Positive Intraoperative Changes of Muscle Motor Evoked Potentials in Patients with Intramedullary Cervicospinal Tumors
Introduction Intraoperative motor evoked potentials (MEPs) recorded as muscle motor evoked responses (MMEPs) and D wave are performed to avoid corticospinal tract (CST) lesions in spinal surgery.
Aim Not only CST but also the collaborative pathways play the significant role in conduction of evoked motor impulses. Using MMEPs, we can monitor the complete motor networking response.
Material and Methods Patients (17), 10 males and 7 females with significant motor deficit (tetraparesis or paraparesis), due to intramedullary spinal tumor located within the C2 to Th11 spinal levels, were operated on. In selected muscles, we measured muscle strength deficit preoperatively and postoperatively using Medical Research Council Scale (MRCS). During the neuromonitoring, we performed transcranial electrical stimulation (C3–C4/C4–C3) using short train stimuli technique while recording D wave, and MMEPs. For MMEPs recording, we used needle electrodes inserted preoperatively during patients' voluntary muscle contraction. We measured MMEP parameters and D wave, using unchanged low-threshold stimulation, at 6 points during the surgery.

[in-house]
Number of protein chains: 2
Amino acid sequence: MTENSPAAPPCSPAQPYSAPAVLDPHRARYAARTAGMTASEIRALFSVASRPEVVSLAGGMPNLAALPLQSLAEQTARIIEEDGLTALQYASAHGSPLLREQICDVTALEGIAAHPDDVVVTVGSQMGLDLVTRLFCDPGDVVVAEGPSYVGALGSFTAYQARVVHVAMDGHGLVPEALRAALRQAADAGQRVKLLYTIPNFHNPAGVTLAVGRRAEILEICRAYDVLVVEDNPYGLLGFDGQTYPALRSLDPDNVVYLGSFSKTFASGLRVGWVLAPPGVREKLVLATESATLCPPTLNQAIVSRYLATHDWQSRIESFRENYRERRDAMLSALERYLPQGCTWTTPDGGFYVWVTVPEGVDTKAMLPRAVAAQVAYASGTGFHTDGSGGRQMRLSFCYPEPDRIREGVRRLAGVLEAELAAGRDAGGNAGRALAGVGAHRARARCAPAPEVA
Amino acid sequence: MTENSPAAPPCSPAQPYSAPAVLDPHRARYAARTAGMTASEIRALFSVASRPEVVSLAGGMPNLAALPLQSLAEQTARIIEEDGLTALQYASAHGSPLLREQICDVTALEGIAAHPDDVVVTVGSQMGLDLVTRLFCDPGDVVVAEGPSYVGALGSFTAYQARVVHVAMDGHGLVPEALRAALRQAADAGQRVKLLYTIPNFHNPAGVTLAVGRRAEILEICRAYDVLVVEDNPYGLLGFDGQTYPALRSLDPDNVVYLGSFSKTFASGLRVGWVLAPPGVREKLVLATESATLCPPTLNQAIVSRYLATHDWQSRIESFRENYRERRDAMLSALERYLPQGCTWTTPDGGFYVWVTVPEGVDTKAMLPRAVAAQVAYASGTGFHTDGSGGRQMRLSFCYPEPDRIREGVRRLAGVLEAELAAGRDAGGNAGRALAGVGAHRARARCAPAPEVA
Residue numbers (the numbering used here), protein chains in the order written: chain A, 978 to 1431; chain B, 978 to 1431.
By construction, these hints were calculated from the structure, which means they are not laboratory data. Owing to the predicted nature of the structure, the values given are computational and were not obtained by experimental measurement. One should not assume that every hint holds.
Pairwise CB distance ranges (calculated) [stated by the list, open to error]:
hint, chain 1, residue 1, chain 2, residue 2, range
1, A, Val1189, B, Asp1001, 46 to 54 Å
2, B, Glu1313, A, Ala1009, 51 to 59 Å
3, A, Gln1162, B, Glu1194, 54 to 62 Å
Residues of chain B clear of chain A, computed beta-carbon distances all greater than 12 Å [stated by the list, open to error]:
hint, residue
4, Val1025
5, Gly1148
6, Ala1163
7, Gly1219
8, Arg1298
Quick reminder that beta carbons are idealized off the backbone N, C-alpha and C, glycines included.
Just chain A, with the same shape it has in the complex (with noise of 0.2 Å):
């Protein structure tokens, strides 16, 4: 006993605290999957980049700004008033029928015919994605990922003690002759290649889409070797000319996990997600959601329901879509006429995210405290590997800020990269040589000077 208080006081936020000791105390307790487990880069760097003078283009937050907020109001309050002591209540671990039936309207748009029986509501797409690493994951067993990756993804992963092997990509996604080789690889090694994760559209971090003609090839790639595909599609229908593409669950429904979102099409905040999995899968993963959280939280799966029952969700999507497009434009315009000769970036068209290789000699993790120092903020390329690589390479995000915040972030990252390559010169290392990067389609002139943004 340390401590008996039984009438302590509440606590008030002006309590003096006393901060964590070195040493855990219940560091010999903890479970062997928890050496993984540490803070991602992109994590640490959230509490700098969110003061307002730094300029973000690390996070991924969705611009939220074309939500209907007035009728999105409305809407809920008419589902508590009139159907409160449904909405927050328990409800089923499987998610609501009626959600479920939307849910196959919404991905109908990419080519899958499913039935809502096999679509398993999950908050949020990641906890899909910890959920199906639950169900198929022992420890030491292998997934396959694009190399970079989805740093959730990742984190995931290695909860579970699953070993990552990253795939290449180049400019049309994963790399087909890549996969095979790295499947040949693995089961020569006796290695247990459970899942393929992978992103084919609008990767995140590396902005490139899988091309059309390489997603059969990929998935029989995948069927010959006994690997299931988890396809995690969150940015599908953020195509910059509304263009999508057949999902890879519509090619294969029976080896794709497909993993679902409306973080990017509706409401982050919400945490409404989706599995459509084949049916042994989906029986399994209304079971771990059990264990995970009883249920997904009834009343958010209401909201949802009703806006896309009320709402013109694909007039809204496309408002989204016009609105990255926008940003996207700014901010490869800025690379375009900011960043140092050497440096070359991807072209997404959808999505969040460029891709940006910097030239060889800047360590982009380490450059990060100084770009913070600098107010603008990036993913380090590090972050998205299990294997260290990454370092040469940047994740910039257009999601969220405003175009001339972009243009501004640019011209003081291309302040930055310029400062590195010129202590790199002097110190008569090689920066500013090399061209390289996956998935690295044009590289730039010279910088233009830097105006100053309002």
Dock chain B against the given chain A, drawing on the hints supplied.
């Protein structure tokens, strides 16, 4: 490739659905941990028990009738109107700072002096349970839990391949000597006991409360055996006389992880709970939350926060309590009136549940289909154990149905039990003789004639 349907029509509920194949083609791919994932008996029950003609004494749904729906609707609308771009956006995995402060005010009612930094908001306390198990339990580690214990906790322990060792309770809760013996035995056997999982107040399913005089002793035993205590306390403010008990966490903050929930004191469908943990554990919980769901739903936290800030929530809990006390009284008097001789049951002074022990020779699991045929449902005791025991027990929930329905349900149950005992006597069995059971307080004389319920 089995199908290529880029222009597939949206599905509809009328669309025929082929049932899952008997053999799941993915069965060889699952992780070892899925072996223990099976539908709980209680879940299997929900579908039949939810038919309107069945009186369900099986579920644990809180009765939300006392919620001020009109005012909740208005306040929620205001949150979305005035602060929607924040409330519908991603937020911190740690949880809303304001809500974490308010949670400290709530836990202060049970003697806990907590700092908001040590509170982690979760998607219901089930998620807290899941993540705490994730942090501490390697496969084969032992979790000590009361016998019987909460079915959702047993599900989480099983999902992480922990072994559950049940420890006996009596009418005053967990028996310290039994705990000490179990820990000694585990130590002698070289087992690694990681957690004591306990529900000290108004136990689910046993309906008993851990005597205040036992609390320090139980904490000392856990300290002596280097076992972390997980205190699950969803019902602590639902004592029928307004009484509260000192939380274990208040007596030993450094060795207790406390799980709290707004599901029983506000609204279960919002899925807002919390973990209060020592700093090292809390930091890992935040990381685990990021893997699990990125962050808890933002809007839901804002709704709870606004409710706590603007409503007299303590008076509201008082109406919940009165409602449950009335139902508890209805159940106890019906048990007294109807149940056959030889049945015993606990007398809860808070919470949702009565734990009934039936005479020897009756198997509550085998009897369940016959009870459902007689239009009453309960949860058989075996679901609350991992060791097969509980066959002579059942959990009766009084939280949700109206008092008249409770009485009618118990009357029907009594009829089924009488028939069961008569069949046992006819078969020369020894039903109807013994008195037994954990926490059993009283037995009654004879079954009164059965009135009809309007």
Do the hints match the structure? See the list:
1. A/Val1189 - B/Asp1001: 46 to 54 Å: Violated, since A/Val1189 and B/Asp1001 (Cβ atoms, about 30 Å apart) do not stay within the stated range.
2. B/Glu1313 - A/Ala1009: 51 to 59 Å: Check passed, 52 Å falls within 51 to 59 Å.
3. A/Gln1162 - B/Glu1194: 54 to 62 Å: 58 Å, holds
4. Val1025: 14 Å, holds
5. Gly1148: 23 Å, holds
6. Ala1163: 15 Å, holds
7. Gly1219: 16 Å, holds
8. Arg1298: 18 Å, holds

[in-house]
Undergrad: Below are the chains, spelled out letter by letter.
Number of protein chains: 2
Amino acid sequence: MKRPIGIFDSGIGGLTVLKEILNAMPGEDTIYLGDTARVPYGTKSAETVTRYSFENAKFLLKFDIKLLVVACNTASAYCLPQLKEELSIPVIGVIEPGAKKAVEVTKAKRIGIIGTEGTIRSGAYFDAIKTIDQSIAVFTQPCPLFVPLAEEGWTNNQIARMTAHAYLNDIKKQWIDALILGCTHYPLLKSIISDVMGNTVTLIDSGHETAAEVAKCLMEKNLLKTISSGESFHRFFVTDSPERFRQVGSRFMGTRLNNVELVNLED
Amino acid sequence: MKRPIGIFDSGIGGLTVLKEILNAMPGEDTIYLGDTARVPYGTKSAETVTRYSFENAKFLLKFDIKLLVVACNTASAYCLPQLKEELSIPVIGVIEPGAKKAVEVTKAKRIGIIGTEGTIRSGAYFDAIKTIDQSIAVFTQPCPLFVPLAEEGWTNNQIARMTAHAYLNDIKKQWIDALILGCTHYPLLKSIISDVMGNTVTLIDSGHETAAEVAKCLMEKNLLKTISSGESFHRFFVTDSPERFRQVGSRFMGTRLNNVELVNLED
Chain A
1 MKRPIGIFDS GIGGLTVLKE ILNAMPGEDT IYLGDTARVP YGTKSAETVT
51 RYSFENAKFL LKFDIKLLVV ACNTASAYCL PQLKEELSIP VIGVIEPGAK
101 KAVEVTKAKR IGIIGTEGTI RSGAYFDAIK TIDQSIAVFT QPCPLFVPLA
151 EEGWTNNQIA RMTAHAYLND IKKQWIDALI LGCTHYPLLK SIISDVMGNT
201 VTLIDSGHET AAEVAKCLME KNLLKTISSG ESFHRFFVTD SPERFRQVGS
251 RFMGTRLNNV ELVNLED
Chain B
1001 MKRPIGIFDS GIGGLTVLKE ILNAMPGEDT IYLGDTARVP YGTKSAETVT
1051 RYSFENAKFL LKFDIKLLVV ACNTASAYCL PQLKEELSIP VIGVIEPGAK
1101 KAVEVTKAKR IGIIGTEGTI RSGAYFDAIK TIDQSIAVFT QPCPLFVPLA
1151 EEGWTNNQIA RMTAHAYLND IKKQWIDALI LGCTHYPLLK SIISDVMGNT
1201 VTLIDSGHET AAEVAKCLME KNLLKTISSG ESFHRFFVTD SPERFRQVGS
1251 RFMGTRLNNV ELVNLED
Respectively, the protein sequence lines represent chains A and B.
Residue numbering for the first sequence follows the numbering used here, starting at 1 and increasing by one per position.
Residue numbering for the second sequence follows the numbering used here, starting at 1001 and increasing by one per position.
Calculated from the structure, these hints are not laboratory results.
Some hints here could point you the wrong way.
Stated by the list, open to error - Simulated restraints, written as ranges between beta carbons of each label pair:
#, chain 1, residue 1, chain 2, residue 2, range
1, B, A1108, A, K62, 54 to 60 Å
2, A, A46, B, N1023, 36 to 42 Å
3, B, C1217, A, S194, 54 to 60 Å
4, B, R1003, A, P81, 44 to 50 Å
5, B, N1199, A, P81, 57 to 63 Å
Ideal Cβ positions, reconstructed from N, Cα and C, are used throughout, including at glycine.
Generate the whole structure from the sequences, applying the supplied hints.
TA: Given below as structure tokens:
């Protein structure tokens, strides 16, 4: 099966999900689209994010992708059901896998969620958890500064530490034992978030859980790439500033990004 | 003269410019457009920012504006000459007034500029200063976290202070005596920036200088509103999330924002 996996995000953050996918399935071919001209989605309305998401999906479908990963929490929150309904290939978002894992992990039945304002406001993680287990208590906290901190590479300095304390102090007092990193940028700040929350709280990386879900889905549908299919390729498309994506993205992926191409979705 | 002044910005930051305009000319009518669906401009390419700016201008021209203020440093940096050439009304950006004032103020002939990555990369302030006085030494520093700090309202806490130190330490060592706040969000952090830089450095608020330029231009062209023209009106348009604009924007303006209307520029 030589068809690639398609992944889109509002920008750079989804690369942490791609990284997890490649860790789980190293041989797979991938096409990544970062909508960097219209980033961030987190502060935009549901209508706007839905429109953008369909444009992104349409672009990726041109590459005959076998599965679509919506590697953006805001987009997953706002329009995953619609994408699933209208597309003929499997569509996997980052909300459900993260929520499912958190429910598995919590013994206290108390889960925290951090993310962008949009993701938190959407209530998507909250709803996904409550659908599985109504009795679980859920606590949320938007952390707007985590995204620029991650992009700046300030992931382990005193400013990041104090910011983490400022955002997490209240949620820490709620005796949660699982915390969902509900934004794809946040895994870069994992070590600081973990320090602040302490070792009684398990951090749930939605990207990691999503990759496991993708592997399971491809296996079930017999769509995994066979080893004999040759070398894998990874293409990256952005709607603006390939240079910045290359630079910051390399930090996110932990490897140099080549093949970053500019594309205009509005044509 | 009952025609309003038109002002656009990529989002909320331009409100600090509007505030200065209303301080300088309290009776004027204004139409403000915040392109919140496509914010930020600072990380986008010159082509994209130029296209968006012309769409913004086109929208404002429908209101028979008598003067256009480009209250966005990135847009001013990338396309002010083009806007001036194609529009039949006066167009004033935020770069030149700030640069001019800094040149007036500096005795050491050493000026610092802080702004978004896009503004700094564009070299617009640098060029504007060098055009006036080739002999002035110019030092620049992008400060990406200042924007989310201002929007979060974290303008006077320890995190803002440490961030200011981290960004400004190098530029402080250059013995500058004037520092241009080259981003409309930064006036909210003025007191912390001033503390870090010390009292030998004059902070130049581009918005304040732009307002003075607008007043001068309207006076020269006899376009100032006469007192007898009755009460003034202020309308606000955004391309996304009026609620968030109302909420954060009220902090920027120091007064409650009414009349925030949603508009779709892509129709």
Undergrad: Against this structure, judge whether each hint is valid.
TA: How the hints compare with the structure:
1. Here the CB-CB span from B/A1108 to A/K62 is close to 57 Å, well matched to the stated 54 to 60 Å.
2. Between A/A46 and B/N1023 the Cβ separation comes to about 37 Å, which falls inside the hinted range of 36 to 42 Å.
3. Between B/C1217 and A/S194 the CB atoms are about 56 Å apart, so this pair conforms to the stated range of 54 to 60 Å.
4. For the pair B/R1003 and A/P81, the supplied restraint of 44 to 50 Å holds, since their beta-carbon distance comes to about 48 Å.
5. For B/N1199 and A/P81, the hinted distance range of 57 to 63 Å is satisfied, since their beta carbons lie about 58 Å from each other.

Results During the middle part of tumor resection, we recorded the gradual rise in MMEP amplitude, duration, and number of phases, especially for hand and foot muscles, but unchanged D wave values. At the end of the tumor resection, we measured MMEP values again, and obtained the same results. Postoperatively, in 7 days' time, muscle strength of our patients improved, and was measured one point higher on the MRC-S, compared with the preoperative findings.
Conclusion The changes of MMEPs parameters during the tumor resection were good predictors of positive postoperative results. D wave remains reliable indicator of complete CST function. However, intraoperatively recorded improved MMEP values, with unchanged D wave, support the theory of alternative pathways connected with motoneurons. The influence of these pathways on evoked motor contraction seems to produce improved postoperative motor status later on.